On July 19, 2006, exactly twenty years after they first met, Jim Lawser and Duane Bandel traveled to Vancouver, Canada to proudly declare their love for each other by getting married.

One year earlier, on their nineteenth anniversary, Duane proposed to Jim, suggesting that they make the trek to Canada and tie the knot to recognize their shared commitment. Jim said yes, and over the next year, the couple worked with a Vancouver-based wedding planner to make all of the arrangements for the big day from across the border.

The ceremony took place at the Vancouver wedding commissioner's home, in her yard. It was small: Just Jim and Duane, two friends who acted as official witnesses, Jim's cousin who acted as the ring bearer, the officiant, the wedding planners, and the videographers. After the ceremony, the wedding party went to Queen Elizabeth Park, the highest point in Vancouver, for lunch.

"The wedding was wonderful," Duane said. "It was a perfect day, and we had a fabulous lunch, and we just spent the rest of the day glowing in the beautiful July weather."

When the wedding was over and they crossed back into their home state of Minnesota, however, they knew that their marriage no longer held any legal status. Minnesotans don’t have the freedom to marry, and U.S. federal law denies any legal respect – and 1,100 protections and responsibilities – to legally married same-sex couples with the so-called Defense of Marriage Act.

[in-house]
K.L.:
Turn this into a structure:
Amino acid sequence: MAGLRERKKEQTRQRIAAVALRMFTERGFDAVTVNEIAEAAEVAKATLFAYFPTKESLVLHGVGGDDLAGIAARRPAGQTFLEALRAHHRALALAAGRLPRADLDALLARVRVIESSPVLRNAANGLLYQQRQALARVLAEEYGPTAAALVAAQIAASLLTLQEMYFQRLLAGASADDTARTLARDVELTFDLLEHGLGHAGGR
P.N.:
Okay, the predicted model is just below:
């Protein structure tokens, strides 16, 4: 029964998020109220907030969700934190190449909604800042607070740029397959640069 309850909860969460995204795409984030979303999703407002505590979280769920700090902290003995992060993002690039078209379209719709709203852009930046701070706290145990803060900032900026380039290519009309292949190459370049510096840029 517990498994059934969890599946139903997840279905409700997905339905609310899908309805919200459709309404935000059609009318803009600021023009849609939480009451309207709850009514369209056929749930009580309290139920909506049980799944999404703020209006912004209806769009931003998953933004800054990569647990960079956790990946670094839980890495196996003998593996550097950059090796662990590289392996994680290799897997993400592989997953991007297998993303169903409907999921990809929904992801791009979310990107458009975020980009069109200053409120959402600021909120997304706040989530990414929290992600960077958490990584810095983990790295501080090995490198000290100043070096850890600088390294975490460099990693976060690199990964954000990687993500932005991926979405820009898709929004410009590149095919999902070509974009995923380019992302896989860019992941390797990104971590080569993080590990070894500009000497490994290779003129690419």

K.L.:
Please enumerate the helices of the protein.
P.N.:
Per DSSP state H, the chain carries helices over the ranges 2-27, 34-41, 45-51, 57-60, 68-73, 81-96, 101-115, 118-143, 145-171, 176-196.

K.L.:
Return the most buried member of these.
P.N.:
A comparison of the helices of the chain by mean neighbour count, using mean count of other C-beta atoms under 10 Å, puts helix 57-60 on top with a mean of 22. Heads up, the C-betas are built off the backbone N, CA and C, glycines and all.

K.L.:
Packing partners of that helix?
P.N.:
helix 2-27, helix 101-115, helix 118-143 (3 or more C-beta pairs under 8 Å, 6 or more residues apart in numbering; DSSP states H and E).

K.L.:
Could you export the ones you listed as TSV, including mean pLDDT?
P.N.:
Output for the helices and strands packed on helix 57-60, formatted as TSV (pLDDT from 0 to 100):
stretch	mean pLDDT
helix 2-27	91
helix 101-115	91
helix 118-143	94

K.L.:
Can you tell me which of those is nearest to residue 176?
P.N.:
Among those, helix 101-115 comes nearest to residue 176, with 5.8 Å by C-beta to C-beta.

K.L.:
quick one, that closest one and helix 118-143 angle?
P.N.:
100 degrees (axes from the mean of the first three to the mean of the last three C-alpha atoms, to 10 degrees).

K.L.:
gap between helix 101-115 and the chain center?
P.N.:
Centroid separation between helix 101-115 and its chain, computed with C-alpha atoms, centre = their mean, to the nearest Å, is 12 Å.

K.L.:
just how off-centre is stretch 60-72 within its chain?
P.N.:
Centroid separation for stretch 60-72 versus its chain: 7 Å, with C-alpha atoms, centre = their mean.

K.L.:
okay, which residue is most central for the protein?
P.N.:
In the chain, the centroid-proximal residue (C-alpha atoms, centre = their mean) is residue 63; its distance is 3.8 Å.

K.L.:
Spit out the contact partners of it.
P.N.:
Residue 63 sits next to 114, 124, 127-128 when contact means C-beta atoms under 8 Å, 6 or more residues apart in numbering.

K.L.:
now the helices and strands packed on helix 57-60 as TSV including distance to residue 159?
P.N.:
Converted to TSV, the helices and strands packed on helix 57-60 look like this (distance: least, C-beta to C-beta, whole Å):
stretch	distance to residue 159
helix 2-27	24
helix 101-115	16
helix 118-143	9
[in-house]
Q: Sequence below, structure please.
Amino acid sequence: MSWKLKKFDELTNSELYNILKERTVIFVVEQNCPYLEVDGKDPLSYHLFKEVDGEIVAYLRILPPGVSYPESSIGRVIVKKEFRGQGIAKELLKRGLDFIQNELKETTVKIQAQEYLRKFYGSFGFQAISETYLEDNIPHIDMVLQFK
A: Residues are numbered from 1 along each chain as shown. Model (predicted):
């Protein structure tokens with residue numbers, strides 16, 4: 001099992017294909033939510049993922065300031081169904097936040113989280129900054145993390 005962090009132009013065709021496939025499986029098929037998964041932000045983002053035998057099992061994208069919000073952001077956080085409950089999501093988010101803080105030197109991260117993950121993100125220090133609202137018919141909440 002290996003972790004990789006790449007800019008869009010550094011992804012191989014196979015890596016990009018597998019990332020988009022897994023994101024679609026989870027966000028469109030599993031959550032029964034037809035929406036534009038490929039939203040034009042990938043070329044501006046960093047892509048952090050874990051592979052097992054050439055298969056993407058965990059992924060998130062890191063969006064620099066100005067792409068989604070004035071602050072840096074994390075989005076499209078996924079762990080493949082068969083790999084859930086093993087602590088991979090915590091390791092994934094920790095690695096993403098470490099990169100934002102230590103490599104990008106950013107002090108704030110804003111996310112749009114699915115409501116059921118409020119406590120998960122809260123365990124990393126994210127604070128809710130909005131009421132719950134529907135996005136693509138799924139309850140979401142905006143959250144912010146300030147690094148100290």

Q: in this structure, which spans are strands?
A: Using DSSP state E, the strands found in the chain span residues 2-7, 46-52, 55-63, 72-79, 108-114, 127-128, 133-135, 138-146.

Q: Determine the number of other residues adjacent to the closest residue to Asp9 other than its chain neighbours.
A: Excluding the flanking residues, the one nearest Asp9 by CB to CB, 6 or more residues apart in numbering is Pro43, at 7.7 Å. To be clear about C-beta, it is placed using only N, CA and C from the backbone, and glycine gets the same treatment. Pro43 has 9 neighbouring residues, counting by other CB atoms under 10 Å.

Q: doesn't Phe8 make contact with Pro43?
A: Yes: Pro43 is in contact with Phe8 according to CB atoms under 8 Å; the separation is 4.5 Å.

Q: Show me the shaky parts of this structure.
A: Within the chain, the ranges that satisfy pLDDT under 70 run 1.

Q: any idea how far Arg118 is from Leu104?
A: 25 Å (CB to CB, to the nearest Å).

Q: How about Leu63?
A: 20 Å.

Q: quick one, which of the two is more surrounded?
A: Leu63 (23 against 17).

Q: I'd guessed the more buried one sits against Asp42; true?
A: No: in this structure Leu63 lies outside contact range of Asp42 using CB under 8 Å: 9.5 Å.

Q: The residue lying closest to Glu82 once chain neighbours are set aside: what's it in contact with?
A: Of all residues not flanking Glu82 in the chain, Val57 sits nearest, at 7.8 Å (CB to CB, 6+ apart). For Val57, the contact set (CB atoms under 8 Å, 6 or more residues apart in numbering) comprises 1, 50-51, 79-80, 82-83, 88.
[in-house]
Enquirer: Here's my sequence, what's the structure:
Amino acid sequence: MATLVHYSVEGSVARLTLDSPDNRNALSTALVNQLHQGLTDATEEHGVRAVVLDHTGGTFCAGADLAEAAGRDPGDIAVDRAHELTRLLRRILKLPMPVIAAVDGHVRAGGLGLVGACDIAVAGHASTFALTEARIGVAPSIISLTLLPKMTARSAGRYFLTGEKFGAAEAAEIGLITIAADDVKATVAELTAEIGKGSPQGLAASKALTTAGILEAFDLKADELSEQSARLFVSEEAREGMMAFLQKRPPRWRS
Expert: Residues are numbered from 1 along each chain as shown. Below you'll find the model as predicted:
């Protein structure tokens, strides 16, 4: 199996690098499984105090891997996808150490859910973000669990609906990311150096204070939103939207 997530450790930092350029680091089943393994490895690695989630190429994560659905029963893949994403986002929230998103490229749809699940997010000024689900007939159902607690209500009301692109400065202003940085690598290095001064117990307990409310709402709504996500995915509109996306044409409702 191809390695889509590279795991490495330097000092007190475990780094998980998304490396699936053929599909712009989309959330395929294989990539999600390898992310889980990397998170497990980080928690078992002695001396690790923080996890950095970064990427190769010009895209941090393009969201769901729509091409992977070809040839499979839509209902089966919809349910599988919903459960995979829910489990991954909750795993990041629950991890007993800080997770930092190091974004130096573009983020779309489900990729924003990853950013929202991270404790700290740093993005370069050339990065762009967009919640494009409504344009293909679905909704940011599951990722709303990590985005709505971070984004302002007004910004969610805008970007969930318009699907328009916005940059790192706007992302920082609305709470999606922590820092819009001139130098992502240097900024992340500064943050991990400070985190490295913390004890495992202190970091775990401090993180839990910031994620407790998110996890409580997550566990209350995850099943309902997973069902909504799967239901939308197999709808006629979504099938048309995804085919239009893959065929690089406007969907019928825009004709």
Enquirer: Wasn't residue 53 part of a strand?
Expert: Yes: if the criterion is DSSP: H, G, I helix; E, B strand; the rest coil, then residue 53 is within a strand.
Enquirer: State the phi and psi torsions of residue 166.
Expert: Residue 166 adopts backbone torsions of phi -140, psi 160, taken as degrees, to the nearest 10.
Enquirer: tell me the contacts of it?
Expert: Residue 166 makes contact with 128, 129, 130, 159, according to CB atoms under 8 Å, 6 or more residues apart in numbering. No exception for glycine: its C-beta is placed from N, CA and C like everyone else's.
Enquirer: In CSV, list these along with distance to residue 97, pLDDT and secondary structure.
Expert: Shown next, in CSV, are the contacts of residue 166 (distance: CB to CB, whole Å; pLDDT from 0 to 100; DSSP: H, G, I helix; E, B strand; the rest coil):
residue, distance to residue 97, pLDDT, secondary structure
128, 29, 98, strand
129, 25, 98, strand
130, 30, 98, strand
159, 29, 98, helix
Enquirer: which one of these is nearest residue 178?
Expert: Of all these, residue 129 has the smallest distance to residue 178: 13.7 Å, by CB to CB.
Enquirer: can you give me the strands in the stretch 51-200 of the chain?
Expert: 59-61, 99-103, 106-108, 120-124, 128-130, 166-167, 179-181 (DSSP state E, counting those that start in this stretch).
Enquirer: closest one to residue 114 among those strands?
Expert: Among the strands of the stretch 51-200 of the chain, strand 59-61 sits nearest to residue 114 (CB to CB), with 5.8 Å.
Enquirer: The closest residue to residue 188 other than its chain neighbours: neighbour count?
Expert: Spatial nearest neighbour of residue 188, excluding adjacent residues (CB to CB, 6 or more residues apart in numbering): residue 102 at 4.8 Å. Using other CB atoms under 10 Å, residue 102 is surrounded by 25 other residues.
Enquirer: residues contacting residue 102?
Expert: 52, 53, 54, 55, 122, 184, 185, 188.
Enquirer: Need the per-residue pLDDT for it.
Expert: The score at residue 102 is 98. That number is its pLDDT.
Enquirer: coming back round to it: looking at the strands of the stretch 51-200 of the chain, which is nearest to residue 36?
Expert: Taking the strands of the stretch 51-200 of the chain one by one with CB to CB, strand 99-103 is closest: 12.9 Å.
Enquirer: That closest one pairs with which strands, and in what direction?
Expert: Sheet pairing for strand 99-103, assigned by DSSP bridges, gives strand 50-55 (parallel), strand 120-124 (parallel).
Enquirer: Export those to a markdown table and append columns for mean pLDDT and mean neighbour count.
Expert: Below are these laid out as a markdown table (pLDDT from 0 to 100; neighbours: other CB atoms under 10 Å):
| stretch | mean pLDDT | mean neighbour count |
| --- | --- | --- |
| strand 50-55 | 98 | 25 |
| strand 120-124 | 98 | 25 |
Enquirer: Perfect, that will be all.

This year, Jim and Duane are looking forward to finally being respected as what they are: a loving, committed married couple. In Minnesota, legislators are working toward the passage of a bill that would extend the freedom to marry to same-sex couples, and federally, the U.S. Supreme Court is reviewing DOMA, which they could repeal by ruling unconstitutional.  

Both moves would be critical for Jim and Duane, who must face daily insecurity because they are not legally respected as a married couple. 

In the early spring of 2002 Jim and Duane decided to pay a lawyer to draft legal documents that would guarantee certain protections afforded to different-sex married couples. These rights include inheritance, durable power of attorney, and the right to make health care decisions for each other as stated in a health care directive. Coincidently, a few weeks after the papers were signed, Duane was rushed by ambulance to the hospital.